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Definition: Cash and Carry Arbitrage
When an arbitrageur buys an underlying asset in a futures contract in the spot market and holds it till the expiration date of the futures contract, she is ‘carrying’ the asset to be delivered against the contract. To exploit the pricing inefficiencies in the asset market, the acquiring cost and holding (Carrying) cost must be less than the cash income from the short futures position.
The trader can make money while the implied rate is more than the current market interest rate for the duration of futures contract (thus, an arbitrage opportunity exists). Also applicable to forwards contracts. Reverse Cash and Carry Arbitrage is also possible. This can be done by assuming a short position in an asset and a long position in the futures of the same asset – works only when the returns from short position exceed the quoted price of futures contract and the holding costs of the short position.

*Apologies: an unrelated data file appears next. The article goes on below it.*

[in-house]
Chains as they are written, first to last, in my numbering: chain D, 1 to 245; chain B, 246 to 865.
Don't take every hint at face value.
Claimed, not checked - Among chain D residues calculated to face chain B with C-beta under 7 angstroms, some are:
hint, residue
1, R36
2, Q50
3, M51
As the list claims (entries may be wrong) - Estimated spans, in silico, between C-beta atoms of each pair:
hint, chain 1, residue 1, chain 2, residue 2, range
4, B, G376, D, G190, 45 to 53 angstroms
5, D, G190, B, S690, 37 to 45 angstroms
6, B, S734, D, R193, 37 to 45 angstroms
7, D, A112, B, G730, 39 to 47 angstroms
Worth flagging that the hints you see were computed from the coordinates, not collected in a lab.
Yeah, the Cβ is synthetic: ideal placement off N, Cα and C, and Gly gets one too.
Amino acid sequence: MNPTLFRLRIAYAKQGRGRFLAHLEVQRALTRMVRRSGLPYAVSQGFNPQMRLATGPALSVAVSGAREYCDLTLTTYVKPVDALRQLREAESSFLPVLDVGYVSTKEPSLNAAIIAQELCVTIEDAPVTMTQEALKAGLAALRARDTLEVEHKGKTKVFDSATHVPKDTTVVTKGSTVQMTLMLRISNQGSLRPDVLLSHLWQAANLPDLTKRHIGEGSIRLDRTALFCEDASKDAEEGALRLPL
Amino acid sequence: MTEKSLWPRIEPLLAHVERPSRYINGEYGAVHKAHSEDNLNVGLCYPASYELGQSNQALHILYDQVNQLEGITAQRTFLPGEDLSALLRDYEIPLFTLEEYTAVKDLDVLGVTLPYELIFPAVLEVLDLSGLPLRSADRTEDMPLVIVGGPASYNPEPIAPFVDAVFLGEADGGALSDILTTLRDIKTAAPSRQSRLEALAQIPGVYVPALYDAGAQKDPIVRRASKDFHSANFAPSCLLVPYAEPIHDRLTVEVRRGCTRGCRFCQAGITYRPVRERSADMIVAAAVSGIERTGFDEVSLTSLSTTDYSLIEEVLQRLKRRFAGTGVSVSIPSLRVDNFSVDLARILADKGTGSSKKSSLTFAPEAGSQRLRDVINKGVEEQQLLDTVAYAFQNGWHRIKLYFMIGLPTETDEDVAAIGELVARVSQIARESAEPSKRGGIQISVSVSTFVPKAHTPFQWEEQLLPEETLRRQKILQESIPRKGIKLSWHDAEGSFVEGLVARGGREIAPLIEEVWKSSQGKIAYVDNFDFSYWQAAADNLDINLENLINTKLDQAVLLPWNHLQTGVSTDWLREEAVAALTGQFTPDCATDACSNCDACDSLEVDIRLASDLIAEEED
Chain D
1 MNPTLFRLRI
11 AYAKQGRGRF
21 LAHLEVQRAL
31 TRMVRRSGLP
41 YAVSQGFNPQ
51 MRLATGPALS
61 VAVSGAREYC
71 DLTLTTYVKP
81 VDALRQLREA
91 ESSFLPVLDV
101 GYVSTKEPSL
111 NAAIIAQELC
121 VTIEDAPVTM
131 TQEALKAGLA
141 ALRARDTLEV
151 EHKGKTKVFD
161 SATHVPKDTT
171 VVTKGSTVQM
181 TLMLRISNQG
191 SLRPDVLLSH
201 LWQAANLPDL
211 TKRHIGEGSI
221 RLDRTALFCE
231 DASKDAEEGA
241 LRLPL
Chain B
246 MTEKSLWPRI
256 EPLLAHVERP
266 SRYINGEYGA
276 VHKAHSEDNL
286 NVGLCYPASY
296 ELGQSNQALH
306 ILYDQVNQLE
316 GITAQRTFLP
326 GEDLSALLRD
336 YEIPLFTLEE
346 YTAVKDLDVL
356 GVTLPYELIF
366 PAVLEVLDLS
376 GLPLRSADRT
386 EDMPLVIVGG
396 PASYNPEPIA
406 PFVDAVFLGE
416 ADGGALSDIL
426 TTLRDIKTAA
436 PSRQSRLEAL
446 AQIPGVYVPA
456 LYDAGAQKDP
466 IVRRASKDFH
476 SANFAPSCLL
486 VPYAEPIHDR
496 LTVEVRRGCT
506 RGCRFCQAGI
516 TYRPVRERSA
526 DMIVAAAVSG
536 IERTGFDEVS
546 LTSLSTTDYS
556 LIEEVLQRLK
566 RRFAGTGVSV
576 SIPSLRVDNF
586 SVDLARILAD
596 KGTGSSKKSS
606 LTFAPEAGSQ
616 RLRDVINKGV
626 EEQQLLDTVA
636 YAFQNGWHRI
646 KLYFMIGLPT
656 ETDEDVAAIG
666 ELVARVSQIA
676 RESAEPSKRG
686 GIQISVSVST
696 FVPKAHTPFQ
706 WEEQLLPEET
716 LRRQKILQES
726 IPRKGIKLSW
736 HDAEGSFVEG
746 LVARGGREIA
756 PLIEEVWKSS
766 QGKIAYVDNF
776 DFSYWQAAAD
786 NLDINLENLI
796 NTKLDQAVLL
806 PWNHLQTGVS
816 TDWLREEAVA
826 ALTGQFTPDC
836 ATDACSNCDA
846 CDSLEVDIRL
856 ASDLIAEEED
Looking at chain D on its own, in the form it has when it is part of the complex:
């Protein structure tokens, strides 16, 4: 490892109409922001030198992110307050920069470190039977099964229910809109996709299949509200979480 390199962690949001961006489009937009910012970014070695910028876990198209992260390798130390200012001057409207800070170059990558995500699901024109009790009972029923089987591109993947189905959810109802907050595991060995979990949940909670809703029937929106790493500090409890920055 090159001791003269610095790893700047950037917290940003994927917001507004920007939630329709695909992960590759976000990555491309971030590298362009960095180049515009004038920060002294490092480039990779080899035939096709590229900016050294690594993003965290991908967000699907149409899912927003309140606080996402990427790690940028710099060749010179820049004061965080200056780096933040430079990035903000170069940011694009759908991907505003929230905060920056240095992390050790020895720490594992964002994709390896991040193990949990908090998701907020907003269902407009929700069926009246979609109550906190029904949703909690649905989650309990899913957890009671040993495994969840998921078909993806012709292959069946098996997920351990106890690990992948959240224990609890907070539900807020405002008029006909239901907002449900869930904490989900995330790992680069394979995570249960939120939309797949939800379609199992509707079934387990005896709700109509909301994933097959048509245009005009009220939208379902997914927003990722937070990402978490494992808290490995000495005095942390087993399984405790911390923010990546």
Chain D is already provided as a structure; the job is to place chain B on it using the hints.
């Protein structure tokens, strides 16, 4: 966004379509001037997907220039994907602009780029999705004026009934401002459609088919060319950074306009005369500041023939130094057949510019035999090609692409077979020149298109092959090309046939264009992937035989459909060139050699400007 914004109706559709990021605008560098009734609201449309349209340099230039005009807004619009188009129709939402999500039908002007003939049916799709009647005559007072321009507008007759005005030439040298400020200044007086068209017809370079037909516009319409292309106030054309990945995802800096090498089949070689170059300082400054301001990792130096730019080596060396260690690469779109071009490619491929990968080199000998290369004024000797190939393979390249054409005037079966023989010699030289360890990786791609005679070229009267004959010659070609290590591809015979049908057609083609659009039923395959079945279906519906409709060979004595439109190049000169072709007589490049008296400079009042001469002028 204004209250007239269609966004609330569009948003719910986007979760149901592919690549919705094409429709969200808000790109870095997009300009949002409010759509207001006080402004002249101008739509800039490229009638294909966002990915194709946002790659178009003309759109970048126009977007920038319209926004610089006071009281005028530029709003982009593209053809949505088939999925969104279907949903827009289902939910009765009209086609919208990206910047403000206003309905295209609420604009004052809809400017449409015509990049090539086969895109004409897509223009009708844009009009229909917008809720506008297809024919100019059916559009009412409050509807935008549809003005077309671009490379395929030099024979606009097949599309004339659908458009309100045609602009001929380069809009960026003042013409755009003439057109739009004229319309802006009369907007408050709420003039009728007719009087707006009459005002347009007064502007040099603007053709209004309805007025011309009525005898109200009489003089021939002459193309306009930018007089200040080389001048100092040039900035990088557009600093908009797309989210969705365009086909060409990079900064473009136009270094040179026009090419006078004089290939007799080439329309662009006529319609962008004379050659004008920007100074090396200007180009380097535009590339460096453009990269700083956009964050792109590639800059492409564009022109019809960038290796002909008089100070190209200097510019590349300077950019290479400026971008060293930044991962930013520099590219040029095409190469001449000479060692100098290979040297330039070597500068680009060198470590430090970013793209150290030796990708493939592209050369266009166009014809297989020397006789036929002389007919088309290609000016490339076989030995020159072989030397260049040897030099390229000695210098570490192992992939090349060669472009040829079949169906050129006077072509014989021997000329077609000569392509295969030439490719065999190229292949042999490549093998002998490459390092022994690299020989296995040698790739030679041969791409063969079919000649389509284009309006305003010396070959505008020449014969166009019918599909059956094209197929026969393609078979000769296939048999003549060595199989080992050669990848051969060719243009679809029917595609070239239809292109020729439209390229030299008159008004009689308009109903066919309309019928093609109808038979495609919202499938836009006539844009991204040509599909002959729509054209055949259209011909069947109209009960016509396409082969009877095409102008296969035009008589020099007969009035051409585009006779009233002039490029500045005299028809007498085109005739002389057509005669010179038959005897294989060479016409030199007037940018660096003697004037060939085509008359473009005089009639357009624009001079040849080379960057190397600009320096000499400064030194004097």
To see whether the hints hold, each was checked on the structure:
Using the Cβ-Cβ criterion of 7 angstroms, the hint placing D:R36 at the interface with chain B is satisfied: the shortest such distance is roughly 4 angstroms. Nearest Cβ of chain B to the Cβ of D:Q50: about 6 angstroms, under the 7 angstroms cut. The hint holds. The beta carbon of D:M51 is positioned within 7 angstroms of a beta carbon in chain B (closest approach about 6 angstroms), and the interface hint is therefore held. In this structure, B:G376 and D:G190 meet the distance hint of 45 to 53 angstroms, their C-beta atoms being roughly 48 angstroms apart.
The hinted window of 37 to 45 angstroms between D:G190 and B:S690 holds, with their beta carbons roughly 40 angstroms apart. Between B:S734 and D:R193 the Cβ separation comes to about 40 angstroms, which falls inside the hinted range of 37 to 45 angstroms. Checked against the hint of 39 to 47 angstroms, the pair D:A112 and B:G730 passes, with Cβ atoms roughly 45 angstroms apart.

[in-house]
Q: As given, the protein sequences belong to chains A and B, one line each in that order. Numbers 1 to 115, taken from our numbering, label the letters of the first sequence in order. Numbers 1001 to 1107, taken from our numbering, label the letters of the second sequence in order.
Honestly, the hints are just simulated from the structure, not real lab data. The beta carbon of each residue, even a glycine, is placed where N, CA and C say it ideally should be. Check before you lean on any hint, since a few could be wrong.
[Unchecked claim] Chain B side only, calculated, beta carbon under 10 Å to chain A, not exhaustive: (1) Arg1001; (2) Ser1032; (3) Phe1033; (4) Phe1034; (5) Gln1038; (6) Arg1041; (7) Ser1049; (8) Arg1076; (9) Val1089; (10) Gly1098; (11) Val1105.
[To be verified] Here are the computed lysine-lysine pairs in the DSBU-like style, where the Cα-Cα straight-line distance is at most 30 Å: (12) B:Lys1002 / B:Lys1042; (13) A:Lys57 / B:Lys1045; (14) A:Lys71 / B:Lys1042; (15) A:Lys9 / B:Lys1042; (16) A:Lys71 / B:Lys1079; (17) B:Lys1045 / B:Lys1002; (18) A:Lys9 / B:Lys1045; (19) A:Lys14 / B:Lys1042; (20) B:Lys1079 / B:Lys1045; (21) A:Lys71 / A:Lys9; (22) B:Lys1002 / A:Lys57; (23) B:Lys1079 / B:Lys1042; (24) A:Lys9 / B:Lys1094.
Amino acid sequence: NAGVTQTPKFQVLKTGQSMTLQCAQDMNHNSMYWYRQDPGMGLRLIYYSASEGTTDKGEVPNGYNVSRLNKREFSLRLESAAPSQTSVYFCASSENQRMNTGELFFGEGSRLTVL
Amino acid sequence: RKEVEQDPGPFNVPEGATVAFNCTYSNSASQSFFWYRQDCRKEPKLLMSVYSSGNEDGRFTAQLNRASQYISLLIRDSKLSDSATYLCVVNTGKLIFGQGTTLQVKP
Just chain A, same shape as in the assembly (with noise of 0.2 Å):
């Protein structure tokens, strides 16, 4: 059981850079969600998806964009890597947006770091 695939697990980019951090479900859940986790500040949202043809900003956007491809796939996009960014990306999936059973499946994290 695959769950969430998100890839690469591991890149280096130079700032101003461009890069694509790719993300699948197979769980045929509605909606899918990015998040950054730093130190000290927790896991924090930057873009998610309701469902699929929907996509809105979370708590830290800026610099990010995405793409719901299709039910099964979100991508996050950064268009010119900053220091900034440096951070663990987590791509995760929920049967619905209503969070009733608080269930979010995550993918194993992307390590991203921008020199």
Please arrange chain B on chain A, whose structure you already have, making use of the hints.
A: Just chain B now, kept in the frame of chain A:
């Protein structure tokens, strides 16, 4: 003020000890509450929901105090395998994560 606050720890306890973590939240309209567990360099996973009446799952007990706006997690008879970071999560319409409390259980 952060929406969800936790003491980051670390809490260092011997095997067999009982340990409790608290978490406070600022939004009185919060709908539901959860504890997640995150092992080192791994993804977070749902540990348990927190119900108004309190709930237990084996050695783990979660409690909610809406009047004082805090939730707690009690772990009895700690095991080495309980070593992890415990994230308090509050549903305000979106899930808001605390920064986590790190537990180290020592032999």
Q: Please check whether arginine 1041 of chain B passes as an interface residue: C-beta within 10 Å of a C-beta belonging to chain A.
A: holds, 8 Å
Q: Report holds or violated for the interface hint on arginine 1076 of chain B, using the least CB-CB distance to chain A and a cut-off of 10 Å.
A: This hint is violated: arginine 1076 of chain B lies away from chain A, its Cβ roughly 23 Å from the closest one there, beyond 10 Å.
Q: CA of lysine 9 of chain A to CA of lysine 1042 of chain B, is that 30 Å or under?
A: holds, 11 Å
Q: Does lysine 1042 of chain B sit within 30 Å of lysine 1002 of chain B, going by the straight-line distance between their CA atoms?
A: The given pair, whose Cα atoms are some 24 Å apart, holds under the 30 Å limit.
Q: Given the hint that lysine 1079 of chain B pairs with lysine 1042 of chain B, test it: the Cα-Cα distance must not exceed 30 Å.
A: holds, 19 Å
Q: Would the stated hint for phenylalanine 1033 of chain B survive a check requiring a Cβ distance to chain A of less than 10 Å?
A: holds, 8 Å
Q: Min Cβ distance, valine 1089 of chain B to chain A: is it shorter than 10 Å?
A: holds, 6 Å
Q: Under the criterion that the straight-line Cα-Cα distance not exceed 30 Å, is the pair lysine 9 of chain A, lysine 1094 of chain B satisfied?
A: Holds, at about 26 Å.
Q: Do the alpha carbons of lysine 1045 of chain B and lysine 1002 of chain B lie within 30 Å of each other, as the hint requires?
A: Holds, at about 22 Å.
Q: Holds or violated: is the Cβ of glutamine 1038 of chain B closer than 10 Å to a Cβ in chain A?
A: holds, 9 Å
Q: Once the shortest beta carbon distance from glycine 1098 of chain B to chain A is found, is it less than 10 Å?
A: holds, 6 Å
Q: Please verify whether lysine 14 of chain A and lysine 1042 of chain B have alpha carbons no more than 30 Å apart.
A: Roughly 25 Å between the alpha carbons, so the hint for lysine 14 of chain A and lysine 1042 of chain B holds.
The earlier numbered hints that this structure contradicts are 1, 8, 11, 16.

For example: An asset trader buys an asset for Rs. 500 and holds it for a cost of Rs. 20 for a period of 6 months. If she can initiate a short position in the asset futures for Rs. 550, meaning she sells the 6-month futures contract for Rs. 550, she can deliver the asset after six months and earn a riskless profit of Rs. 30. This is cash and carry arbitrage assuming the trader is able to sell the futures contract at a premium to her carrying cost.